Pardon the pun, but TAB isn’t shy about sounding like a broken record. Whenever records management issues are discussed, we always remind our clients about the importance of having RM fundamentals in place. This includes a records retention schedule that is appropriate to the records involved and consistently applied over time. Unfortunately, too many organizations fall short of this standard by failing to apply the correct retention periods to records.
Why? The main culprit is a set of widespread myths about records retention. Unfortunately, these myths continue to “make the rounds”, causing many organization to make the wrong choices about how long to retain records and other documents.
Four myths to watch out for.
The risks and business consequences of a poor retention schedule are very real. These include: penalties for non-compliance with recordkeeping requirements; increased risk of litigation and expensive discovery processes; inefficient business processes and excessive storage costs.
So, if any of these myths are guiding your organization’s policies for document and records retention, it’s time to put them to rest and update your records retention schedules now!
Myth 1: Retention schedules only apply to paper records.
Fact: A record is a record, regardless of medium or format. Email messages and electronic documents are all potentially records, and need to be retained whenever they provide evidence of business transactions.
Myth 2: We have to keep everything for 7 years.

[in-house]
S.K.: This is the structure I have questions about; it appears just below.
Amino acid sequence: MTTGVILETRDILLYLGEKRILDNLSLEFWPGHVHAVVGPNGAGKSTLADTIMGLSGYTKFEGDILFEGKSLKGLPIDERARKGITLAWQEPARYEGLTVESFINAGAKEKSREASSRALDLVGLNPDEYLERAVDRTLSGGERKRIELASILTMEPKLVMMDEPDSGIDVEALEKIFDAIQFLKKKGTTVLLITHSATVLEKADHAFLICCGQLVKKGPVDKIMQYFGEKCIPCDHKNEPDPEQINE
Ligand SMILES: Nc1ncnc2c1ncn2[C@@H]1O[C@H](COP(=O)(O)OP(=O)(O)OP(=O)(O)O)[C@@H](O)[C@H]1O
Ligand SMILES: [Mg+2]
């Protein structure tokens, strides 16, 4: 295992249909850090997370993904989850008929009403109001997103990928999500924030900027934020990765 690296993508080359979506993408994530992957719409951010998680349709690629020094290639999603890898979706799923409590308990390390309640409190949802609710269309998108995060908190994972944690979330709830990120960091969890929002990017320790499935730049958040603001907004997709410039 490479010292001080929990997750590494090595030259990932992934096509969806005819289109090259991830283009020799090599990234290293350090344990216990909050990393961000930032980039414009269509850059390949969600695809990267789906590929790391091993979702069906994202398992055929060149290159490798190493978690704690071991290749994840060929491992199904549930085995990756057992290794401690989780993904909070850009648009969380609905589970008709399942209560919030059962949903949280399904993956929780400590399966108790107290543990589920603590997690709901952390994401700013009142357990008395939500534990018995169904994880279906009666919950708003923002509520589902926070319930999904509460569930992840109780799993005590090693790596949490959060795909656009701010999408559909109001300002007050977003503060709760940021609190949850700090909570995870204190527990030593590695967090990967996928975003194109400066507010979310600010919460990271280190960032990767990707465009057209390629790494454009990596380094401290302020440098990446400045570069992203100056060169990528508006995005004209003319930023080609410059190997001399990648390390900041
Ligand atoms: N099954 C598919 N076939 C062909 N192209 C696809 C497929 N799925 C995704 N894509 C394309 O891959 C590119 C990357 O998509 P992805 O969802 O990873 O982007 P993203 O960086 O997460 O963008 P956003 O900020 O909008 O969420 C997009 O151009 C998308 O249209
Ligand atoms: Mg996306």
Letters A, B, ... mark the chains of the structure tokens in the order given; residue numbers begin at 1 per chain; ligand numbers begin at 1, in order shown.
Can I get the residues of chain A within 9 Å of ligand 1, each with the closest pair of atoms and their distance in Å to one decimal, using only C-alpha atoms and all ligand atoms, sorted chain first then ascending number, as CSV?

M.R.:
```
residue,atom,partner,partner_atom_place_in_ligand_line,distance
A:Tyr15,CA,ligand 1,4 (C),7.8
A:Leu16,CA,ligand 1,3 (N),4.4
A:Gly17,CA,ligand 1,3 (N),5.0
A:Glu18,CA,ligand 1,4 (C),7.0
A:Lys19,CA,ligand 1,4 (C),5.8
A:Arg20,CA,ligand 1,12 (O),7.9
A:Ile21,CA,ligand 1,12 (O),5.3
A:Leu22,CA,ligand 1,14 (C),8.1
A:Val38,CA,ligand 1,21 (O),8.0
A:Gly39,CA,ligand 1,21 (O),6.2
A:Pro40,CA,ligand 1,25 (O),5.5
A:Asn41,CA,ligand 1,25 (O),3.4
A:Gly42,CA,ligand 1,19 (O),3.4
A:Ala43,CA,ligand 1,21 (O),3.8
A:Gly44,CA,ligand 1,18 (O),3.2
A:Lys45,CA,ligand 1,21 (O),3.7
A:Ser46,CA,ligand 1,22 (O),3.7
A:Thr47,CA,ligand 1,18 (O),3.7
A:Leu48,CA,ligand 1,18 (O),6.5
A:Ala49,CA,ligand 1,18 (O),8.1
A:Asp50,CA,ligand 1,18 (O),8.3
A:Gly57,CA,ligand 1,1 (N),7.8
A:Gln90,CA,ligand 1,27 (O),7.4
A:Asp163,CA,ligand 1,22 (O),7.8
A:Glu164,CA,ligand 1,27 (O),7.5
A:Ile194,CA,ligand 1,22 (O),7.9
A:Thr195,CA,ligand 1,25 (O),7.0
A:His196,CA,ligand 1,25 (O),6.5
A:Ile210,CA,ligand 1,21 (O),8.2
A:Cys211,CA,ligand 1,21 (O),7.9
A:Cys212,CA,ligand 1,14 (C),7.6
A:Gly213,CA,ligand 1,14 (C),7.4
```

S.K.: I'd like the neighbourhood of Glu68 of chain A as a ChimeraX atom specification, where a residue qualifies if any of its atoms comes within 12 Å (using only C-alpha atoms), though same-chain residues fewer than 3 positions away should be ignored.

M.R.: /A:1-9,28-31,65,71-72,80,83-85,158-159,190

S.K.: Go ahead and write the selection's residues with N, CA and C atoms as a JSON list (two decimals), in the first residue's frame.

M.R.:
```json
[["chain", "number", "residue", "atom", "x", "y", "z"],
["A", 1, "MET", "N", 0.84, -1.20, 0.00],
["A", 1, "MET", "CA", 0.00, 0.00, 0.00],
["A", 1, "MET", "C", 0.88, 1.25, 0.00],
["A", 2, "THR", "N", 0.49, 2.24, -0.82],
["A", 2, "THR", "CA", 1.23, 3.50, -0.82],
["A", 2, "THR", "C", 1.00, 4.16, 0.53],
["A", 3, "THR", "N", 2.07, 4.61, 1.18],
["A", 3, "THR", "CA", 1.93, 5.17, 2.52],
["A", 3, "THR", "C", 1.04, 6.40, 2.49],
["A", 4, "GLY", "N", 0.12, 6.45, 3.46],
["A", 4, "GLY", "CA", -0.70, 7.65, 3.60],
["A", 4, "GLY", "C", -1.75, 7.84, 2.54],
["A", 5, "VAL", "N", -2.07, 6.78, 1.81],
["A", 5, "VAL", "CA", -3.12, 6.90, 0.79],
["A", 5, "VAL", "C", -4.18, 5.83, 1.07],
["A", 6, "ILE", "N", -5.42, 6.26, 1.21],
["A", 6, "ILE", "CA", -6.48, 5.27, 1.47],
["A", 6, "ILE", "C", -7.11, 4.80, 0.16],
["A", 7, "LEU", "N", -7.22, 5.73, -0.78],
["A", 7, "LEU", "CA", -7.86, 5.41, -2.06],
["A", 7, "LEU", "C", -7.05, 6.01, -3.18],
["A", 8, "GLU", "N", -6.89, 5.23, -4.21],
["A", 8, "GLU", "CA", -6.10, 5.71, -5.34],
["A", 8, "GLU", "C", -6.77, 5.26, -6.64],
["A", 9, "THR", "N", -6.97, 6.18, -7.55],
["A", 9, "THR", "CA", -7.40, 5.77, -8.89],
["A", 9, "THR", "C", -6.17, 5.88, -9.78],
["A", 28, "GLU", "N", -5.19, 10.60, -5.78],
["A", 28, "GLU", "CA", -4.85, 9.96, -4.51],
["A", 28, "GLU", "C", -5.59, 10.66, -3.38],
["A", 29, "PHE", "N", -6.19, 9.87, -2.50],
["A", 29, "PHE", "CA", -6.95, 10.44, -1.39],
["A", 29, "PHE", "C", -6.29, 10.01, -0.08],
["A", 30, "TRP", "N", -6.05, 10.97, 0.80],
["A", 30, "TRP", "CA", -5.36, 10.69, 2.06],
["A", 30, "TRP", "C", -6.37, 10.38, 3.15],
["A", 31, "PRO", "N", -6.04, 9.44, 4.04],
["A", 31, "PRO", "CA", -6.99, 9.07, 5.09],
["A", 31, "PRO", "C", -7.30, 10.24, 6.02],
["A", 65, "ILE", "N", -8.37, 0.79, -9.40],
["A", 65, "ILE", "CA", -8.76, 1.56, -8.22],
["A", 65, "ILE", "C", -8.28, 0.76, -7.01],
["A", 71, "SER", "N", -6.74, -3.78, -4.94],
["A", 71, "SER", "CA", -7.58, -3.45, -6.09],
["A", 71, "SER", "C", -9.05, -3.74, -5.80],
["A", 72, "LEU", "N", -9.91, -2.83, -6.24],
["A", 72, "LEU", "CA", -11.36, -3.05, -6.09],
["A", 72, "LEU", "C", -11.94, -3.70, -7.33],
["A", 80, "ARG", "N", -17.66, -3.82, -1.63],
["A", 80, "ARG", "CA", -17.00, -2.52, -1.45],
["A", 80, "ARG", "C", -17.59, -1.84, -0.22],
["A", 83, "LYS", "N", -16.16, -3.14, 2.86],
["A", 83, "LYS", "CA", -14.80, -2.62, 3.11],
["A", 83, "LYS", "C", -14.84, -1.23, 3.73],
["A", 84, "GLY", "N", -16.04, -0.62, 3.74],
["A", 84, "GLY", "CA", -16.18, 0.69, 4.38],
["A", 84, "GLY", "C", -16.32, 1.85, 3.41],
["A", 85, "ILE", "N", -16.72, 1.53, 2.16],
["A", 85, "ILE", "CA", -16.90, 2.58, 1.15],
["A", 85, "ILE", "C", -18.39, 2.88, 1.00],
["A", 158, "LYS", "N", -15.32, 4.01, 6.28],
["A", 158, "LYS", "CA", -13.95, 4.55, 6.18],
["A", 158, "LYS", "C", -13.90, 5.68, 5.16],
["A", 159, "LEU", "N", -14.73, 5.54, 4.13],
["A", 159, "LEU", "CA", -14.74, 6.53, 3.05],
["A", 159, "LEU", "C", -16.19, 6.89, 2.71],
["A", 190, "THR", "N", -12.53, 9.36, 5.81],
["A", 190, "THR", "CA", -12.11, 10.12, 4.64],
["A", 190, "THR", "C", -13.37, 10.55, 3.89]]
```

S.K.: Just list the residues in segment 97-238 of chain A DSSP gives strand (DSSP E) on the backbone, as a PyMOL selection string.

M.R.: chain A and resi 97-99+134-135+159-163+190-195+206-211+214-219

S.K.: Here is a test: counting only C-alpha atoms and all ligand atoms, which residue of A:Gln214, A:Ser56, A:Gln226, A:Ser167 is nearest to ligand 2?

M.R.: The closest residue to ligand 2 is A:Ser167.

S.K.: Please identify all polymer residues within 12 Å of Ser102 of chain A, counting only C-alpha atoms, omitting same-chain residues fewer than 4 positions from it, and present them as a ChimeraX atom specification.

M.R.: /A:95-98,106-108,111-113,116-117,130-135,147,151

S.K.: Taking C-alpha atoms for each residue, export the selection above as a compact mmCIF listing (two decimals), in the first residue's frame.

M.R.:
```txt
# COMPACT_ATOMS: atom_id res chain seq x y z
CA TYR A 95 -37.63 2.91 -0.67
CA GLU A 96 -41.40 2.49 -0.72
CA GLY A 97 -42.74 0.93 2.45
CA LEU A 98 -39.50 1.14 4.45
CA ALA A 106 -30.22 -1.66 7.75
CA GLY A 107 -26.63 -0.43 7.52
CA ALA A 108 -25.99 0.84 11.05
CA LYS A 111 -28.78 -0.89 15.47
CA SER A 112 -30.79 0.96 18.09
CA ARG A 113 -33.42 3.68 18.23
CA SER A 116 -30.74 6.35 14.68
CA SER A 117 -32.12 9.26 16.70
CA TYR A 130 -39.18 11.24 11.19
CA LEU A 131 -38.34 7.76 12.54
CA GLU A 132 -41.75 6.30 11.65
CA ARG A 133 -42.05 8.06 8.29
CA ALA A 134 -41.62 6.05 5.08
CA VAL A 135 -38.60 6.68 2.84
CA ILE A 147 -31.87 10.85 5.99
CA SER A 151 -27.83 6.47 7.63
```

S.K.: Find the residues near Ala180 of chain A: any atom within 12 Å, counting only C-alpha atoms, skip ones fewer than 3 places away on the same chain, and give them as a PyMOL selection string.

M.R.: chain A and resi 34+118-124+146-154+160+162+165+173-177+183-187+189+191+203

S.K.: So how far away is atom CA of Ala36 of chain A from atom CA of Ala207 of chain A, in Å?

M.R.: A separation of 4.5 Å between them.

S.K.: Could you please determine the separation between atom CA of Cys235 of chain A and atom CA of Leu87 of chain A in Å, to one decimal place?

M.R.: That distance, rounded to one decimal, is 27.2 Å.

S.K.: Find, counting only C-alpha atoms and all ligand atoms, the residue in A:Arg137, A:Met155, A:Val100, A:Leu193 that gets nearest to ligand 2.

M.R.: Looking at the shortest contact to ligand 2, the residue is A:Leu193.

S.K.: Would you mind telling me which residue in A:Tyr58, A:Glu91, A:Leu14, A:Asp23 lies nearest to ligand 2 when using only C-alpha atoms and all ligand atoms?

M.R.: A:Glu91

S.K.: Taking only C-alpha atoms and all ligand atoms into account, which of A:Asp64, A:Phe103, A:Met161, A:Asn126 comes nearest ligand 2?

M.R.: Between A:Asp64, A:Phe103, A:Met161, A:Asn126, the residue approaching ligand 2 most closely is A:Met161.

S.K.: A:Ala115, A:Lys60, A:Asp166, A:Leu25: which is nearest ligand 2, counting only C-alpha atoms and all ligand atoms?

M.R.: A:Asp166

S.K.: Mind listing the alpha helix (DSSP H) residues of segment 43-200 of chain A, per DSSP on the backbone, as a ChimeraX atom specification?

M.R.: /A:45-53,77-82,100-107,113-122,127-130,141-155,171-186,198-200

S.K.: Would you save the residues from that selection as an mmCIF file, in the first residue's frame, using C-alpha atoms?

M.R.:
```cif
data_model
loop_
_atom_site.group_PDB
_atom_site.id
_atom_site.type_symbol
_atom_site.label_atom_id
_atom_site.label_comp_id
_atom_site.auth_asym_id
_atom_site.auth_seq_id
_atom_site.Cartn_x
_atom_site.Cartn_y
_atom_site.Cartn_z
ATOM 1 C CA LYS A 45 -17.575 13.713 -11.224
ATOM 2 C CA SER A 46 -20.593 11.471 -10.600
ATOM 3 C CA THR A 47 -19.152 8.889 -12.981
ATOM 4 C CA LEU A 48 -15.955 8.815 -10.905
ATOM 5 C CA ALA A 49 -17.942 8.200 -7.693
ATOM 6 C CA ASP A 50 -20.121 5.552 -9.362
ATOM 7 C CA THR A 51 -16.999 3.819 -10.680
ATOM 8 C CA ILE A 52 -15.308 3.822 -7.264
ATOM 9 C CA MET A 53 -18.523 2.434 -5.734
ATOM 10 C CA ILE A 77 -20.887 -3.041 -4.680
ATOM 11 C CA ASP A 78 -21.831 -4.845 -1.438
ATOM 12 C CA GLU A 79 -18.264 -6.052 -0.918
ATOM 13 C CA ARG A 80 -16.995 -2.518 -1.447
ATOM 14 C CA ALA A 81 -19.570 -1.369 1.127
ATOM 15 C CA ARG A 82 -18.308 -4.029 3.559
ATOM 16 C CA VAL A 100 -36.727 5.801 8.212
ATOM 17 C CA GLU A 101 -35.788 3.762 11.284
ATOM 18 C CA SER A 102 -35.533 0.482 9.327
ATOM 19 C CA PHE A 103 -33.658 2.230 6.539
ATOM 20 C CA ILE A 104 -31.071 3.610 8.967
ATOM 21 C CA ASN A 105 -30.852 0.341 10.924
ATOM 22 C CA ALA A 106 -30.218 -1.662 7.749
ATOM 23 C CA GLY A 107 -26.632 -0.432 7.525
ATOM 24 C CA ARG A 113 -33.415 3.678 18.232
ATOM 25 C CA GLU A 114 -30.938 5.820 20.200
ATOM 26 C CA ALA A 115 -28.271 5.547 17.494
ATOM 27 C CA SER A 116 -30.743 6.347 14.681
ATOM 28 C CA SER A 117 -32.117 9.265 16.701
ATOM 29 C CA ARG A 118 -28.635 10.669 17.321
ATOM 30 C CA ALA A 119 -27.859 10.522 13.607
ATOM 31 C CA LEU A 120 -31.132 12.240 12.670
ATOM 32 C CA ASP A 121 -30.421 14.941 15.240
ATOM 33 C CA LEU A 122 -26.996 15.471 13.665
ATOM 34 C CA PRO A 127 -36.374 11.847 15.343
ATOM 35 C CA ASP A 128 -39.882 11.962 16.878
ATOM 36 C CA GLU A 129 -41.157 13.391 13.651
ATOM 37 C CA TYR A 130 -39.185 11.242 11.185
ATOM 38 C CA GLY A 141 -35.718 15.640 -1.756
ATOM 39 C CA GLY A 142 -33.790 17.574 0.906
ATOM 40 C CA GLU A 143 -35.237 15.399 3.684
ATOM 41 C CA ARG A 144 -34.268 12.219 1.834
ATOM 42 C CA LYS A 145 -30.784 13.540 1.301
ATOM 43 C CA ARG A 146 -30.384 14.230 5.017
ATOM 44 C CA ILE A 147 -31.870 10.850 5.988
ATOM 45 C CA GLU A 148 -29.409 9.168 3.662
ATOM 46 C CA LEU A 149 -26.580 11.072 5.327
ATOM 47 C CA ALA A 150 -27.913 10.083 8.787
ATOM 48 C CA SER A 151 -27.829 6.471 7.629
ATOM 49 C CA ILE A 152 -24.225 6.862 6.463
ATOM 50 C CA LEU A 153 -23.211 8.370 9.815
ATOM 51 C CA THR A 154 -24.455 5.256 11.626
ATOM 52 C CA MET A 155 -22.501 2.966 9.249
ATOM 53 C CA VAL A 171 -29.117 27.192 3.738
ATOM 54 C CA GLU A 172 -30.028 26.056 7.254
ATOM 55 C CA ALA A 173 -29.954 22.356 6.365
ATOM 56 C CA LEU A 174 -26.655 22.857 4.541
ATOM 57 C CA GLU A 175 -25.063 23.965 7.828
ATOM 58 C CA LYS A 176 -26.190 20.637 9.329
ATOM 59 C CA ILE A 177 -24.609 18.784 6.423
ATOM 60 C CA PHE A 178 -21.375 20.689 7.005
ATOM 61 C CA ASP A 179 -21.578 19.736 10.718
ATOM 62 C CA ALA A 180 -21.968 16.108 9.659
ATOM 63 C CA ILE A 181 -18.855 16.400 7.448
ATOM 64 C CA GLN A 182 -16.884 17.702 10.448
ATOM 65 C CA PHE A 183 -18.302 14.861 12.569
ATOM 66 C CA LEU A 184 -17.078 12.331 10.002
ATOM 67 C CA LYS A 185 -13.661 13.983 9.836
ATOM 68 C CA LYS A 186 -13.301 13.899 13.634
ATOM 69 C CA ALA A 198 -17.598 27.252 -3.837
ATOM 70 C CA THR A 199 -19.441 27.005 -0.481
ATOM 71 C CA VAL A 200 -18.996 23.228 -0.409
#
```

Fact: The legislated or recommended retention periods are different for different types of records. In some cases, that may be less than seven years, and in others it may be more. Consulting the applicable legislation and industry standards is the best way to apply accurate, record-specific retention periods.
Myth 3: We have to keep everything forever.
Fact: As with myth 2, the correct retention period varies between different record types. Another key fact is that keeping records forever not only adds a burden to your storage requirements, it exposes you to legal risk. If a record is found during a legal discovery process, it is still eligible to be used as evidence, even if it was retained past the required period. To paraphrase from the Miranda rights: any records you retain can and will be used against you in a court of law!
Myth 4: Old records = archival records.
Fact: Not all “old” records are worthy of archival status, which is generally used to protect and preserve historically significant records for future generations. The key is to clearly establish which records are worthy of archival status, and dispose of the rest, which would otherwise take up space and incur unneeded costs.
Having the right retention schedule is not about getting a gold star for records management (though many of us deserve that!). The right retention schedules help to preserve the rights of an organization, enable its efficient operation, and protect it from various forms of risk. So let’s all do our part for the greater RM good and put those myths to rest whenever they crop up!
- Watch our recorded webinar to learn more about record retention myths.
- Get practical tips on how to create an accurate records retention schedule in our free white paper, Myth Busting: A Records Retention Action Plan.
- For more guidance on creating a records retention schedule, contact a TAB specialist.